Commentary: Quick Send Medicare To The E.R.

Social Security checks provide a nice retirement cushion for Justin Kawaler, the former owner of four furniture stores in Queens, N.Y. But Kawaler's government checks didn't even begin to cover the enormous medical bills incurred by his 74-year-old wife, Evelyn, who underwent an operation for cancer in 1990, followed by two years of expensive follow-up procedures. Medicare picked up the tab. "Everybody I talk to in the waiting rooms says that without Medicare, they'd go completely broke," says Kawaler.

As hospital costs climb, Medicare becomes ever more important to the elderly. Yet far faster than most people realize, the strain of covering soaring bills is pushing the program toward insolvency. An Apr. 3 report from the trustees of the Social Security system shows that cash flow at Medicare's hospital-insurance program, which provided $103 billion for 36 million patients last year, will be negative in 1997. And by 2002, its cash reserves of $134 billion will be exhausted.

SKITTISH. Rather than seek a fix, however, Washington is pretending there's no crisis. House Republicans are hoping to bleed Medicare to pay for tax cuts or deficit reduction. The GOP's Contract With America even promises to roll back a 1993 tax hike that was designed to buttress Medicare. Meanwhile, the White House is skittish about proposing any new reforms after its health initiatives failed so spectacularly last year. "There has been a willing suspension of disbelief here and a misguided hope that the problem will somehow just go away," says Roland E. King, the government's chief health actuary from 1978 to 1994.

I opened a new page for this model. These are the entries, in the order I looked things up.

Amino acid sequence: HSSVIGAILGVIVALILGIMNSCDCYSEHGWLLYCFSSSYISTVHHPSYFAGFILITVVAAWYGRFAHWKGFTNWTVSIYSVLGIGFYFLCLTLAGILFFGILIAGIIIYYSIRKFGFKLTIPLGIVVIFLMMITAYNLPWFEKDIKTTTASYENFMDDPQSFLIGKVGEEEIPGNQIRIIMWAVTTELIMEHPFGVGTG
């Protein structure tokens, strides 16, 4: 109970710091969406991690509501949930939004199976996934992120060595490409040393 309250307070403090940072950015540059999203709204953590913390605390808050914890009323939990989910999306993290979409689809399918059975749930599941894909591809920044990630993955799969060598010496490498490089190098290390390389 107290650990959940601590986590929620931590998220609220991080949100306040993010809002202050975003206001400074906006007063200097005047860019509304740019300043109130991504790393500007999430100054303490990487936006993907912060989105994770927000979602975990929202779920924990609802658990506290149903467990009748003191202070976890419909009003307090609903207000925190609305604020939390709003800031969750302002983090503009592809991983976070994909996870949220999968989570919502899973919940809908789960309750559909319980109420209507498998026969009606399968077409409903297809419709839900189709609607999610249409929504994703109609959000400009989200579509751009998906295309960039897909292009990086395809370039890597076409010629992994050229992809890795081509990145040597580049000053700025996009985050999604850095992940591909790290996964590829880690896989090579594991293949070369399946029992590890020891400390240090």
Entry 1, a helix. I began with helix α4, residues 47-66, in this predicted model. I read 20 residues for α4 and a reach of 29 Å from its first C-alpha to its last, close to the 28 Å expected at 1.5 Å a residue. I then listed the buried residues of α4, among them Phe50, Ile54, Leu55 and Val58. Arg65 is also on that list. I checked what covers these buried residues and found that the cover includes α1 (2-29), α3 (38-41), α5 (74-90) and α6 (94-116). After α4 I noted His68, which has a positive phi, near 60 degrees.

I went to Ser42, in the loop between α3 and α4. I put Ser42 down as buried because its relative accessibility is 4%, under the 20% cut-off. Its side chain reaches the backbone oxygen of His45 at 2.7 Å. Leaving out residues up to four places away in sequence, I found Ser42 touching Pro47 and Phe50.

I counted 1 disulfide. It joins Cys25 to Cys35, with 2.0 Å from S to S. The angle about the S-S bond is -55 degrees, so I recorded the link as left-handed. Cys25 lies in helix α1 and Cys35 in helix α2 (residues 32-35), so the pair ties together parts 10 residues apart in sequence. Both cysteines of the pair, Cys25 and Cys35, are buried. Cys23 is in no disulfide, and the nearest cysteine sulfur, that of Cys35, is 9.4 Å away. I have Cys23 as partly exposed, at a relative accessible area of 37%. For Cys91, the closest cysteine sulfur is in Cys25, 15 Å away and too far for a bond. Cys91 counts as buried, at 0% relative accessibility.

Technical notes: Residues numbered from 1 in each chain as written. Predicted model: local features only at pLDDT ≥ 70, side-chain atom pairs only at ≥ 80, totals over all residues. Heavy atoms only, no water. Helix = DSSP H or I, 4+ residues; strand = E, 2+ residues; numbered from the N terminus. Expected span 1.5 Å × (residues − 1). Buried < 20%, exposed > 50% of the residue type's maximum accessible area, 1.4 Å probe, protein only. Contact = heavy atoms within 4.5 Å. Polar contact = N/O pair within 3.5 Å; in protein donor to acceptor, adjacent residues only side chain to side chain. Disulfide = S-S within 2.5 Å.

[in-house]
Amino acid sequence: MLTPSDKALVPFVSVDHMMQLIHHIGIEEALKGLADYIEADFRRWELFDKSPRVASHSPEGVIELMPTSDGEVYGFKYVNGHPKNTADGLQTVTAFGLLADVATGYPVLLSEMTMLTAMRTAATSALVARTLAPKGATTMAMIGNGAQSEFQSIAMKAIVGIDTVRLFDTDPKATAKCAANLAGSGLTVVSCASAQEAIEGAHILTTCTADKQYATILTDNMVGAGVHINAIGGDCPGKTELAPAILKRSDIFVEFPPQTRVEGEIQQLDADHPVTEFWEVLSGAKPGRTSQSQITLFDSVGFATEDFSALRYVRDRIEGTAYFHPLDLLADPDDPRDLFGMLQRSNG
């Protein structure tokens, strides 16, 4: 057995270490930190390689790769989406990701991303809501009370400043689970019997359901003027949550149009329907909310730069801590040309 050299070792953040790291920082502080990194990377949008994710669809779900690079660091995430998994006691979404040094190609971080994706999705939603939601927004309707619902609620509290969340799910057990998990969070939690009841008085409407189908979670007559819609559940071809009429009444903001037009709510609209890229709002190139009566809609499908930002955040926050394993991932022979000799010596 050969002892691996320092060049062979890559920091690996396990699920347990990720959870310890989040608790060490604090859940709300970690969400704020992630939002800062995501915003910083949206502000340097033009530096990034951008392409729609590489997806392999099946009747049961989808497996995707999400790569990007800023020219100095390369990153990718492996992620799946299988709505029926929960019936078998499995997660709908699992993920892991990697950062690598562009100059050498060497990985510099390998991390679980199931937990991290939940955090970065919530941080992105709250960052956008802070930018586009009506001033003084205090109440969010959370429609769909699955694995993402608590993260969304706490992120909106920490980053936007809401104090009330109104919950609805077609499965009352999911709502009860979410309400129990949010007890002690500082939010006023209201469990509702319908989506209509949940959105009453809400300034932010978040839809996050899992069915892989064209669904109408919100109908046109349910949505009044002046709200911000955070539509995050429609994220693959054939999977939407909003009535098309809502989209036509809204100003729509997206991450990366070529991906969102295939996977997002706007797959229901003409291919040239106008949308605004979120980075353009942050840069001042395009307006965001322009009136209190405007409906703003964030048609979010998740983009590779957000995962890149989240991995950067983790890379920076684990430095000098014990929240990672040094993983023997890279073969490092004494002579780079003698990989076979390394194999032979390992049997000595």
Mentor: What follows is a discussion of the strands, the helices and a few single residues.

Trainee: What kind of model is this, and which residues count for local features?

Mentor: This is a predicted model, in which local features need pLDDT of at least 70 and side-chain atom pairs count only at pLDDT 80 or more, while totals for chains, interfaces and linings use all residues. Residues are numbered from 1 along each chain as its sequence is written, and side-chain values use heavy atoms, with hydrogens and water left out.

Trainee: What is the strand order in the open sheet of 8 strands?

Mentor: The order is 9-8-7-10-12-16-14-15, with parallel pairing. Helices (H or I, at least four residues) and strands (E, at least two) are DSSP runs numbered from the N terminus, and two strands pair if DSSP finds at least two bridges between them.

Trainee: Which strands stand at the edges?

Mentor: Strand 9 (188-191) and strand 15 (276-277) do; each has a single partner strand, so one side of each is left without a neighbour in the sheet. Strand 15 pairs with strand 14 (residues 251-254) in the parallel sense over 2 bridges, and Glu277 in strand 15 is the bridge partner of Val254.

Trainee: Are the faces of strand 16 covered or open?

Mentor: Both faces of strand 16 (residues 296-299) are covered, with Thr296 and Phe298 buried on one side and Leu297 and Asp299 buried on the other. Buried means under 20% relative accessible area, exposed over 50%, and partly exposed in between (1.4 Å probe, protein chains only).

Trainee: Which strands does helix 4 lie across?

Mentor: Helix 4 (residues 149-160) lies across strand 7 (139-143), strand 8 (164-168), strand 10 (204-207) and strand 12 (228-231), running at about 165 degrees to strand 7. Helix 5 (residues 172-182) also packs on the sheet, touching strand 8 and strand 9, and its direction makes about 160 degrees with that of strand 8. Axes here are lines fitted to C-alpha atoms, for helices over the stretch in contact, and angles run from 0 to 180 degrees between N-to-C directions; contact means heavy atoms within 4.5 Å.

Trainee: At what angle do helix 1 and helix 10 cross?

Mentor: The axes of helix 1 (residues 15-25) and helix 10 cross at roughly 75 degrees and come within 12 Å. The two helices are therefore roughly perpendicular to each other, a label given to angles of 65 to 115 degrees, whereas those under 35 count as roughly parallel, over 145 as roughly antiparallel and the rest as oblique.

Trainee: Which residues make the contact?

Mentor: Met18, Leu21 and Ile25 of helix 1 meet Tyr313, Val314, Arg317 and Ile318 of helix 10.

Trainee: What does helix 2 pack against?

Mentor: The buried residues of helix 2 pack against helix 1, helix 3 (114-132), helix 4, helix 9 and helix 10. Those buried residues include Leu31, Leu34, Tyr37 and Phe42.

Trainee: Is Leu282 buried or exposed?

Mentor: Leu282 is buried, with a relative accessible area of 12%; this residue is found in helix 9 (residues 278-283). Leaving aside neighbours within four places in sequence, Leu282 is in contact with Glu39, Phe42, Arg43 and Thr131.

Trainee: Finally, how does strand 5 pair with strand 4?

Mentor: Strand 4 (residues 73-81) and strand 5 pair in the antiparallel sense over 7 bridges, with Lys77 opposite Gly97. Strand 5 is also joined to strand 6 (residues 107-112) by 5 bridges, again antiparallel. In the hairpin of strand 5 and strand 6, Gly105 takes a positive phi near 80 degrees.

In reality, Medicare's problems are so severe that a major overhaul is required. A quick-fix mixture of benefit cuts and administrative reforms would buy enough time to fashion a longer-term solution. But Medicare can't be cured completely without an overall health-care reform that will slow the medical inflation rate. "If health-care costs continue to escalate at the current rate, we'll never get Medicare caught up," says Eugene Lehrmann, president of the American Association of Retired Persons. Indeed, without drastic reform, Medicare's share of overall Social Security benefits to the elderly is expected to reach 50% by 2011, up from 32% today and 18% in 1970.

The first step should be a careful look at the problem. Yet no panel is even examining Medicare, and the Administration is not highlighting the crisis. "It's very important that Medicare doesn't become politicized," says a senior Administration official. Translation: By acknowledging the situation, Clintonites would have to propose a solution. As insolvency looms closer, however, retirees won't be letting politicians skirt the issue much longer.

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